What Does Treasury's Janet Yellen Think About Crypto?

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Yellen isn't a crypto fangirl, but she's hardly the enemy.

Janet Yellen is a financial behemoth, having broken many barriers for women throughout her storied career. She spent years as a member of the Federal Reserve Board of Governors and later as the chair of the Federal Reserve.

Now, Yellen is serving as the first female Secretary of the Treasury, one of the most influential positions in American finance. And part of that role is to help set the tone for how the U.S. government deals with cryptocurrency and crypto brokers.

In forums and subreddits, Yellen is often framed as an enemy of crypto. But though it's clear that Yellen isn't digital currency's biggest fan, she has yet to come out strongly against it -- at least, not in its entirety.

While wary, Yellen's not against crypto

It's true that Yellen has not exactly waxed poetic on the virtues of cryptocurrency. But most of her issues seem to be with the use -- and misuse -- of existing digital currencies, rather than with the overall concept of crypto.

Yellen has expressed multiple concerns about Bitcoin in particular, including its potential for funding questionable activities and its environmental impacts.

Yellen has been quoted as saying, "To the extent it is used, I fear it’s often for illicit finance." She went on to add, "It’s an extremely inefficient way of conducting transactions, and the amount of energy that’s consumed in processing those transactions is staggering.”

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Yellen is hardly the first person to note the connection between crypto and illegal activities such as money laundering. She's also not wrong about its "inefficiency." Bitcoin mining is an energy-heavy process that requires significant power resources -- so much so that mining operations have purchased entire power plants to dedicate to the process.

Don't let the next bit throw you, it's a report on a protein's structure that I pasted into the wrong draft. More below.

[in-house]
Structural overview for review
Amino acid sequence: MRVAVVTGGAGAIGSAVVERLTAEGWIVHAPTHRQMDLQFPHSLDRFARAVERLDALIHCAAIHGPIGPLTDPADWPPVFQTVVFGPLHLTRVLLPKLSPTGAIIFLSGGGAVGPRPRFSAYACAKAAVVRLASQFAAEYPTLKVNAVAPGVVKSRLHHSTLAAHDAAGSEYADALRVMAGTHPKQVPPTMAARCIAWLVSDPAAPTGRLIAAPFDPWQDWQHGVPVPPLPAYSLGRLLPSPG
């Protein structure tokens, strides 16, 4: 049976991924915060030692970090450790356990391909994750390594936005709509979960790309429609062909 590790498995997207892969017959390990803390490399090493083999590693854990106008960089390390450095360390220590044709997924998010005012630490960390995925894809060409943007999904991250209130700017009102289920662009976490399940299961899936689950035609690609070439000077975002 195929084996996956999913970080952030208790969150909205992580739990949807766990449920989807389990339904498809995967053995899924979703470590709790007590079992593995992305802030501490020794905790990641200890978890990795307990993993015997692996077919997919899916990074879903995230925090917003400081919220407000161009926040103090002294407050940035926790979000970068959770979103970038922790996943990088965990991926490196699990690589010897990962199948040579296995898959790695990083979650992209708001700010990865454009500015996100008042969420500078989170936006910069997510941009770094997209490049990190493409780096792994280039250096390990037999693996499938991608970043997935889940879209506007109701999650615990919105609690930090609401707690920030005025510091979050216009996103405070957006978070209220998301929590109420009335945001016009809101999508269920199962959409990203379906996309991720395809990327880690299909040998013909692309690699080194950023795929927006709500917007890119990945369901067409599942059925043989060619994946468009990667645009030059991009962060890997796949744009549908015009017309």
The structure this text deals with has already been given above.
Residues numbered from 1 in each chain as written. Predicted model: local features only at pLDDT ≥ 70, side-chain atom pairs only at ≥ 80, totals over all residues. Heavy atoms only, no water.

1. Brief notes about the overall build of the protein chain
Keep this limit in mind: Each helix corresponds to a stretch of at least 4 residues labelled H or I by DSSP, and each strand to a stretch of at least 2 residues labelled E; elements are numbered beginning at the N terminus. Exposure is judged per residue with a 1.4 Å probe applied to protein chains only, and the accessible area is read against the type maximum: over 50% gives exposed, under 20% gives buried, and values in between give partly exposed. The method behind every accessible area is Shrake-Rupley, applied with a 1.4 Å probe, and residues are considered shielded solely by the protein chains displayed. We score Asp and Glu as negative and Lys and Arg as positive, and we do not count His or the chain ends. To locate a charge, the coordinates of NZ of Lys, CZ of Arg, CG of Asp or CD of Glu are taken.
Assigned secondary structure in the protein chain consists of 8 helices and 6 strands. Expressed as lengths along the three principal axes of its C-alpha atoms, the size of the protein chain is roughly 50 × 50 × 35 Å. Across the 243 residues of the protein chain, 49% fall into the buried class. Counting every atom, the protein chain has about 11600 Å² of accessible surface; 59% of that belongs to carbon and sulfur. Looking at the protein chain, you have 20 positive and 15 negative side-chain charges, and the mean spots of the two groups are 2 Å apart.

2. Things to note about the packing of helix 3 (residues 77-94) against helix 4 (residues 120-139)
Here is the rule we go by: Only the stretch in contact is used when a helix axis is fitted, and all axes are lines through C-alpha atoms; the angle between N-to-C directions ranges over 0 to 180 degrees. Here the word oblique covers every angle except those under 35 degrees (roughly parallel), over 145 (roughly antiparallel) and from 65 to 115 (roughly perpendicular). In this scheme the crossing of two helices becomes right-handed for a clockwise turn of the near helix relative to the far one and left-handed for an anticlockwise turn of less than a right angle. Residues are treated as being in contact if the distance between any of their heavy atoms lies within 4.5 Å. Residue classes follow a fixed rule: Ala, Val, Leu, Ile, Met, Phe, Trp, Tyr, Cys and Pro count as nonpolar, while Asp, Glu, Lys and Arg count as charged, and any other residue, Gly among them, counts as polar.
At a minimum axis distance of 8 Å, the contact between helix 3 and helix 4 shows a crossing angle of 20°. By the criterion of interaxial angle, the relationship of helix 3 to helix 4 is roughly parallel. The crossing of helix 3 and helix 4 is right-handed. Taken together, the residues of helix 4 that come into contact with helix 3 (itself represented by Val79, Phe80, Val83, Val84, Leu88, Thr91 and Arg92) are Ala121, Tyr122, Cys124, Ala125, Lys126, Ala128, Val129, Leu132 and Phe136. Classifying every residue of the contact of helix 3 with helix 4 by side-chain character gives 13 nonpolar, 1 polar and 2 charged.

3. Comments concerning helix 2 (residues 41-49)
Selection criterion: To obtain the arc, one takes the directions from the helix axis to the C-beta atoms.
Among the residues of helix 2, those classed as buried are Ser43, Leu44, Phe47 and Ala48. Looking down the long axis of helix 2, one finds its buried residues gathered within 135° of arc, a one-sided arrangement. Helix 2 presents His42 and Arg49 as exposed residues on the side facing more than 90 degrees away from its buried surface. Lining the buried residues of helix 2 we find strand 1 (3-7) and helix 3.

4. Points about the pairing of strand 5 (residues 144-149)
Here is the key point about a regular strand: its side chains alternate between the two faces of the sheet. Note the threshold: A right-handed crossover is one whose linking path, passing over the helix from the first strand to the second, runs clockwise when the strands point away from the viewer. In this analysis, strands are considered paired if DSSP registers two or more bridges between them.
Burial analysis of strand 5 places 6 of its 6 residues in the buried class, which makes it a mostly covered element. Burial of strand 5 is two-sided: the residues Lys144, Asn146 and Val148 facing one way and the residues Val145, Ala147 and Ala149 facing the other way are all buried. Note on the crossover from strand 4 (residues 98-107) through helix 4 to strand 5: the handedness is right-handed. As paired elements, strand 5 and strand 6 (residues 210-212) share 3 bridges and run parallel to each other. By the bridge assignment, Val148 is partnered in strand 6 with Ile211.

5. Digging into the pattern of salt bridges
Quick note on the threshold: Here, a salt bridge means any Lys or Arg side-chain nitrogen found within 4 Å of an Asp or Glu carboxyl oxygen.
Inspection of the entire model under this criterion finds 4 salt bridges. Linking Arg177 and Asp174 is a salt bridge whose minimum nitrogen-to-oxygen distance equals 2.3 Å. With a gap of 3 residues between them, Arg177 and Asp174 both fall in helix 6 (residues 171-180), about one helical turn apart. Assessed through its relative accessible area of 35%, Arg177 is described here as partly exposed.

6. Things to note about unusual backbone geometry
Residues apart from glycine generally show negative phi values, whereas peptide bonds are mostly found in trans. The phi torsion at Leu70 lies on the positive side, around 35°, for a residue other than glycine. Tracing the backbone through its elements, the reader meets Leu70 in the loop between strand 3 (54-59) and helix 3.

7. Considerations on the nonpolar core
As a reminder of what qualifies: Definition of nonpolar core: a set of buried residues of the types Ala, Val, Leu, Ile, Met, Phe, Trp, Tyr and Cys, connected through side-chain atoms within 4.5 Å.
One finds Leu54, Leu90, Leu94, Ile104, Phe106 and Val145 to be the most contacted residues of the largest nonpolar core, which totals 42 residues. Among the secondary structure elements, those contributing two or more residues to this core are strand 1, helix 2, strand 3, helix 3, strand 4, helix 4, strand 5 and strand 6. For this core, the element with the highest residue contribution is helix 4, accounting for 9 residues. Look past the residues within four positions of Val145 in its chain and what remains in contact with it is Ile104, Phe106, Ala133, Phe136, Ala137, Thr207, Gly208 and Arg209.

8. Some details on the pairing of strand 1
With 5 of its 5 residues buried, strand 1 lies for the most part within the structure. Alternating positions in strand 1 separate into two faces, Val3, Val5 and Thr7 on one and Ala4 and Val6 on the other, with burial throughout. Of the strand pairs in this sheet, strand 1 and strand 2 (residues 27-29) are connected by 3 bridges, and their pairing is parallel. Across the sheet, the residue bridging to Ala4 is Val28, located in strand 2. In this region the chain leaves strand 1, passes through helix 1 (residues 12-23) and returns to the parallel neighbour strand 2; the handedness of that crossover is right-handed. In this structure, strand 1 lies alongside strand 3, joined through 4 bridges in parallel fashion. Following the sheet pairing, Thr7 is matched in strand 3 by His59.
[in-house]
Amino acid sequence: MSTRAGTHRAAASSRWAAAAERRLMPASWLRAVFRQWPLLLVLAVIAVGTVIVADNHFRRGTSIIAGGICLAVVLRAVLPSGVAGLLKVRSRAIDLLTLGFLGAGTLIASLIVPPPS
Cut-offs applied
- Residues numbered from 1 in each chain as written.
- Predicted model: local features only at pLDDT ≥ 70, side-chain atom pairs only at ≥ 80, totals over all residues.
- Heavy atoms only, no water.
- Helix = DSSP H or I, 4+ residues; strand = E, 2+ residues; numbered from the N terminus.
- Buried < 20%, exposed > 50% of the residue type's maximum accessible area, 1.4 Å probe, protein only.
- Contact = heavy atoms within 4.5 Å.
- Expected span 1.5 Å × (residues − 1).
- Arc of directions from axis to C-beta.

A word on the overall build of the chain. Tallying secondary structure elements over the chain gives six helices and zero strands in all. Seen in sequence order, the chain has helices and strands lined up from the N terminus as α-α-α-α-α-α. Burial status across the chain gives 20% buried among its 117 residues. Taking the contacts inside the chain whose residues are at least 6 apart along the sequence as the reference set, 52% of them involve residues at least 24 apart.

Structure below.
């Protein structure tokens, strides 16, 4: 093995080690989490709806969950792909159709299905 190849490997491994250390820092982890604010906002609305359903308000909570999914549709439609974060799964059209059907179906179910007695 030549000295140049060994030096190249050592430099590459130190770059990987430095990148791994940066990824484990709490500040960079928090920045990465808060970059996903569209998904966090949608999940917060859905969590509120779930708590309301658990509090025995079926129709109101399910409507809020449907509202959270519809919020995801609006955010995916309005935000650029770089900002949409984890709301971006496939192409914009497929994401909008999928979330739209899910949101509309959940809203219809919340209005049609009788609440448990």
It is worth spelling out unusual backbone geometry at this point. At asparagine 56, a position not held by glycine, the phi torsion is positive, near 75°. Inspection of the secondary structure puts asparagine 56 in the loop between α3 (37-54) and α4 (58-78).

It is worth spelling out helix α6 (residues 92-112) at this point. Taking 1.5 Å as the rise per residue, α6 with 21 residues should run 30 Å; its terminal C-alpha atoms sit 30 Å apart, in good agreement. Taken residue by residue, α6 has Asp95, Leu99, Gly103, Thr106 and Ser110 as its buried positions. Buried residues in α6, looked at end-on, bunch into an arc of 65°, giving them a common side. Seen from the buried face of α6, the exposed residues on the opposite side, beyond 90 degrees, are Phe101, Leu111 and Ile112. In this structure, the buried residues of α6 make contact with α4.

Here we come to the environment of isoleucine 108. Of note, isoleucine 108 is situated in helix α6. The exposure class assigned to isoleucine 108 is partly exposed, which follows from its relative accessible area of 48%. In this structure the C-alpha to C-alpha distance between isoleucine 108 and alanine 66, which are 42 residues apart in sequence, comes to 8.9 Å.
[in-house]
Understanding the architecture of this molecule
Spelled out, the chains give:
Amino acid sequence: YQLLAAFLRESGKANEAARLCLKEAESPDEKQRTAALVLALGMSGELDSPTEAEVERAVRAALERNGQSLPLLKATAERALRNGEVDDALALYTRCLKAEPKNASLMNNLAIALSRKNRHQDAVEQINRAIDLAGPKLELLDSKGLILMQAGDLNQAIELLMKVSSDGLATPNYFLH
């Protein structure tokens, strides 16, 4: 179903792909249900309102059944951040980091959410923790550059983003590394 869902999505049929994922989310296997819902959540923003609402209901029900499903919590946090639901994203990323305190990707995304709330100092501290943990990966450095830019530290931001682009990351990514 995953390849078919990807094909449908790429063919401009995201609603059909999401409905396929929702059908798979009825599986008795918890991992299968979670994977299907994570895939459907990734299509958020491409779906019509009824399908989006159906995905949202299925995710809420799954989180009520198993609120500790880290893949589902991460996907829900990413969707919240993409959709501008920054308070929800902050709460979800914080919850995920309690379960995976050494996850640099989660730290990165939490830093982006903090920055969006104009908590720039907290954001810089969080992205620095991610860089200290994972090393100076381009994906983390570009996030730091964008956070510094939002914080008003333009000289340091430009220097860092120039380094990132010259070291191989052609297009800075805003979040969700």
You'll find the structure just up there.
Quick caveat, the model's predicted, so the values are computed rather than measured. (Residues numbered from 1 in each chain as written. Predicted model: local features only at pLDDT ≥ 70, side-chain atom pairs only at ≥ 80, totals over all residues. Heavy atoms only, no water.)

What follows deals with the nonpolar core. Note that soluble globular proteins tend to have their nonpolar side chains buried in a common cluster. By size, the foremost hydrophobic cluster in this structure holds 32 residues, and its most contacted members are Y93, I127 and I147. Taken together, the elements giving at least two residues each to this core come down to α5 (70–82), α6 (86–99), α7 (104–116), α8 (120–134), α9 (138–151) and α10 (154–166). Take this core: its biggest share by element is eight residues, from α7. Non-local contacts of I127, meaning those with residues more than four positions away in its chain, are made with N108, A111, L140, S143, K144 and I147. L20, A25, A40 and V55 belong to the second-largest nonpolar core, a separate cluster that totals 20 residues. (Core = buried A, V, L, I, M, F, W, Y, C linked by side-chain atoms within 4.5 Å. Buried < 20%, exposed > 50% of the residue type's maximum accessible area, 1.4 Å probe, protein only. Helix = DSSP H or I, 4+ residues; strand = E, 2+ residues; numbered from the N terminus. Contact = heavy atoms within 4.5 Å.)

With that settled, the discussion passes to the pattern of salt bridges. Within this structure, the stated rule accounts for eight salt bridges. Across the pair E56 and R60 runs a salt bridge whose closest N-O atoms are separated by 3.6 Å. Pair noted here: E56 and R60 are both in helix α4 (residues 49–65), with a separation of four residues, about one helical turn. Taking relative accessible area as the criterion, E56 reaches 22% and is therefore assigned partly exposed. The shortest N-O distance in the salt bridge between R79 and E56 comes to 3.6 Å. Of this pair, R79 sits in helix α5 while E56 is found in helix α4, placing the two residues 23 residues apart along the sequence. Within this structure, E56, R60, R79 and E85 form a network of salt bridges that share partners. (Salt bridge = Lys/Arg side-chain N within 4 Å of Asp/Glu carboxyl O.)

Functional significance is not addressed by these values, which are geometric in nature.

That being said, Yellen is not anti-innovation. She has publicly acknowledged the potential of blockchain technology and digital currencies. Arguably the most positive thing she's said in interviews is that she thinks digital currency could "result in faster, safer, and cheaper payments, which I think are important goals."

Regulation is a challenge -- but necessary

For it or against it, Yellen does seem to agree with the need for some sort of formal regulations around digital currencies. But the how of regulating crypto isn't necessarily cut and dry.

One of the first forays into regulating crypto has centered around taxation; specifically, on the potential for crypto to be used as a means of tax evasion. Earlier this year, Yellen's Treasury announced it intended to increase scrutiny for crypto markets. For example, it would require crypto transactions with a value of $10,000 or more to be reported to the IRS. (This is already a requirement for cash transactions.)

Another major concern with many experts, including Yellen, is the "extremely volatile" nature of crypto in general, and Bitcoin in particular -- far more so than regular stock trading. Yellen has referred to Bitcoin as a "highly speculative asset" and said she is worried about the potential losses investors could suffer. However, it's unclear as to what regulations -- if any -- could help stabilize the crypto markets.

The future of crypto is clear as mud

Despite what the pro-crypto websites may imply, it's impossible to say Yellen is staunchly against cryptocurrency as a concept. At the same time, it's clear she has her reservations -- and rightly so.

Digital currencies are, at best, experimental. If it were a new pharmaceutical, crypto would be in the early stages of human trials. That is to say, there is a long way to go before it can be rolled out as a viable remedy for what ails our current financial system.

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